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Eur J Oral Sci. 1997 Apr;105(2):178-82.

Are sodium lauryl sulfate-containing toothpastes suitable vehicles for xylitol?

Assev S, Wåler SM, Rølla G.

Source

Department of Oral Biology, Faculty of Dentistry, University of Oslo, Norway. assev@ulrik.uio.no

Abstract

The hypothesis to be tested in this study was that toothpastes containing sodium lauryl sulfate (SLS) is unsuitable vehicles for xylitol. The bacteriostatic (and cariostatic) effect of xylitol is assumed to be caused by intracellular accumulation of xylitol-5-P in plaque bacteria. Experiments were designed to investigate whether presence of SLS would affect the uptake of xylitol by interacting with the bacterial membranes and thus inhibit xylitol-5-P formation. It was shown in an in vitro study that even very low concentrations of the strong anionic detergent SLS inhibited uptake of xylitol and xylitol-5-phosphate formation by dental plaque totally. The mild nonionic detergent ethoxylated stearyl alcohol (30x EO) had no such effect. In vivo experiments with toothpastes containing xylitol and either the strong or the mild detergent, showed that xylitol in toothpaste with SLS was not available for the plaque bacteria and gave no adaptation to xylitol, whereas in the presence of 30x EO it was available, and a xylitol adaptation was observed. Glucose metabolism, which was also studied for the plaque samples, was not significantly affected by presence of any of the 2 detergents, indicating that the amounts of xylitol in toothpastes were presumably too low to give clinical significant effects, even when mild detergents are used.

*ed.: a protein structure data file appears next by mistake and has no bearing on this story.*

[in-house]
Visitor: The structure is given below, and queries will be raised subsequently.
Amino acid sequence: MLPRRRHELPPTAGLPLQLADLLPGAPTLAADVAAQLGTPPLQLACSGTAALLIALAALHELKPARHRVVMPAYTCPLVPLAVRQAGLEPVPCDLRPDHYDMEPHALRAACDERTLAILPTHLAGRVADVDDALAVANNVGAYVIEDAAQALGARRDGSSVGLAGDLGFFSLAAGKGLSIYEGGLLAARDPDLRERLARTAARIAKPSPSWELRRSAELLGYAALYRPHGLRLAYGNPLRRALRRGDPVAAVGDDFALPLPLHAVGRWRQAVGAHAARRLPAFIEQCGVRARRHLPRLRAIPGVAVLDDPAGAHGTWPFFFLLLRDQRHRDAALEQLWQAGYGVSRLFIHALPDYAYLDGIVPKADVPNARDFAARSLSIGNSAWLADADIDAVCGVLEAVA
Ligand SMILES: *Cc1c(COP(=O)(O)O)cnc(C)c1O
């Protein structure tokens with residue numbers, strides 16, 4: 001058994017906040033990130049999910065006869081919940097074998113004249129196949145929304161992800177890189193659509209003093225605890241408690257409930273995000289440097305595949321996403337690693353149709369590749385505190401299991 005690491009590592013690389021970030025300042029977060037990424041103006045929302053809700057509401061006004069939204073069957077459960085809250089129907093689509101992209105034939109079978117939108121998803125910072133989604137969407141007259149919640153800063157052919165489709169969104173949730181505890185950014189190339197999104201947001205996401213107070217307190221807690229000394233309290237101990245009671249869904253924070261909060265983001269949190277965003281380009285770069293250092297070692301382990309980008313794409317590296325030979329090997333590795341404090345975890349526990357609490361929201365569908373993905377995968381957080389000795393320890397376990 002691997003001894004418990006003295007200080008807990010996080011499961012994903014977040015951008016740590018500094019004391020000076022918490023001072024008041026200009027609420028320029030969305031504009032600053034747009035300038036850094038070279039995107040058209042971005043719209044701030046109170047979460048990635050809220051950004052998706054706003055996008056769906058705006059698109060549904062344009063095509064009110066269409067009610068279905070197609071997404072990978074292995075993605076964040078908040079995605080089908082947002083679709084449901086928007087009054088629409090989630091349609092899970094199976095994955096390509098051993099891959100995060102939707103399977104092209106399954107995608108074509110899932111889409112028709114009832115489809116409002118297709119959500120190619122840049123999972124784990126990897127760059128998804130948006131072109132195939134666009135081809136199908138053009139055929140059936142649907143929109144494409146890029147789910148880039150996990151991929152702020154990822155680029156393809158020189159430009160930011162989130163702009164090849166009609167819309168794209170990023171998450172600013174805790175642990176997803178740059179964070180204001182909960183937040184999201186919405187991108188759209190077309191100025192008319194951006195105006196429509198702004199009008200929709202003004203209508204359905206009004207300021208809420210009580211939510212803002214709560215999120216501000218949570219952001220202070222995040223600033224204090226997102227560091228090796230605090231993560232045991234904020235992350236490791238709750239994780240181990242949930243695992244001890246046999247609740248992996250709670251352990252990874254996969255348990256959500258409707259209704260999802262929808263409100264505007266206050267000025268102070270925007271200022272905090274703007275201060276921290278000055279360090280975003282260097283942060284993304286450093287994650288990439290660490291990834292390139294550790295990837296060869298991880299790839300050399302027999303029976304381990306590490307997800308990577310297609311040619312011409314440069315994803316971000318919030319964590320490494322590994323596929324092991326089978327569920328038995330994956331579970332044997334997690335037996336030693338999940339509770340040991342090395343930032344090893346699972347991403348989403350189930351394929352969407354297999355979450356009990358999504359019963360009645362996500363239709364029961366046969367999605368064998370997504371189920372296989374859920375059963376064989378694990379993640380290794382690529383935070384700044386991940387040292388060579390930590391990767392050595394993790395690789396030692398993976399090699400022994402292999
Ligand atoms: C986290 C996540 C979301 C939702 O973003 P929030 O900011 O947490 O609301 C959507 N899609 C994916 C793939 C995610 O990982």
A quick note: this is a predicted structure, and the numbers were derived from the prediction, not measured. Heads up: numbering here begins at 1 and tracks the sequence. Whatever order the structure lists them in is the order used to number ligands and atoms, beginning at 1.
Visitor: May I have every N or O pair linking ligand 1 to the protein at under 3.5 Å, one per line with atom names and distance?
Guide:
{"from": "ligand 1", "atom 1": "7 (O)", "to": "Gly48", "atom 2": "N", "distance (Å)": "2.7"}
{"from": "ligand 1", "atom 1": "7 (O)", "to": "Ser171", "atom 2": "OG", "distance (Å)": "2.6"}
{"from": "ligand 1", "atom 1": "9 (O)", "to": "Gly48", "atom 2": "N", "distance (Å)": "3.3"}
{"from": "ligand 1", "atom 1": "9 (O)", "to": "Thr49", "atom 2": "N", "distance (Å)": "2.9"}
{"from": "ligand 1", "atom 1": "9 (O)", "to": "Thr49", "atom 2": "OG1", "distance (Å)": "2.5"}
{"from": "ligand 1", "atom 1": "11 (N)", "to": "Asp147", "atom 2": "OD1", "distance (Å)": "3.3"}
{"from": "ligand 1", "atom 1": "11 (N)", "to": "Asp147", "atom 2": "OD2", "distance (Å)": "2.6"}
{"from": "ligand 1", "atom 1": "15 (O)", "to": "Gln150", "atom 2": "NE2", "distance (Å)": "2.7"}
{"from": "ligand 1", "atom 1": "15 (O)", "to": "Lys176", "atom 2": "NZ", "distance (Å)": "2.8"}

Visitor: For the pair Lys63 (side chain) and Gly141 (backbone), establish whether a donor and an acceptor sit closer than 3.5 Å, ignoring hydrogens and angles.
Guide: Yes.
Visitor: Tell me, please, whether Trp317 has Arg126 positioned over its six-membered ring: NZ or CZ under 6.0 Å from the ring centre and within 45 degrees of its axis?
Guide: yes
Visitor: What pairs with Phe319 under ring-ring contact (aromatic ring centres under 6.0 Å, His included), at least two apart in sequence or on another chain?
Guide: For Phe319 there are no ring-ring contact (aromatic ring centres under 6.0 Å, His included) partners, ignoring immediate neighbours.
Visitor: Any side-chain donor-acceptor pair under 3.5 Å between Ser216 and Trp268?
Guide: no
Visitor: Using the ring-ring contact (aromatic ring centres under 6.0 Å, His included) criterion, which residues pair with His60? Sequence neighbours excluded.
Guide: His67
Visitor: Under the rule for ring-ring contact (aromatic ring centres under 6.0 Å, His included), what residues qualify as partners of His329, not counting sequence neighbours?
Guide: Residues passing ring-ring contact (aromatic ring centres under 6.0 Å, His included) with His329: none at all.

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Acta Odontol Scand. 1993 Feb;51(1):39-43.

Desquamative effect of sodium lauryl sulfate on oral mucosa. A preliminary study.

Herlofson BB, Barkvoll P.

Source

Department of Oral Surgery and Oral Medicine, Dental Faculty, University of Oslo, Norway.

Abstract

Sodium lauryl sulfate (SLS) is the most commonly used detergent in dentifrices. The present study was concerned with the effect of SLS content of toothpastes on oral epithelial desquamation in an experimental model. Ten dental hygiene students participated in this double-blind cross-over study. Five dentifrices with different concentrations of SLS (ranging from 0.0% to 1.5%) were used in randomized order in the study. One centimeter of each test dentifrice was applied in a cap-splint, which covered both attached and non-attached oral mucosa of the upper jaw for 2 min twice daily. The test period for each experimental dentifrice was 4 days, followed by a 10-day rest period. The dentifrice without SLS did not result in any onward reaction, whereas the dentifrice containing 1.5% SLS provoked desquamation in 60% of the subjects.

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J Periodontol. 1992 Apr;63(4):280-2.

Antibacterial activity of some triclosan-containing toothpastes and their ingredients.

Wade WG, Addy M.

Source

Department of Periodontology, University of Wales College of Medicine, Cardiff, UK.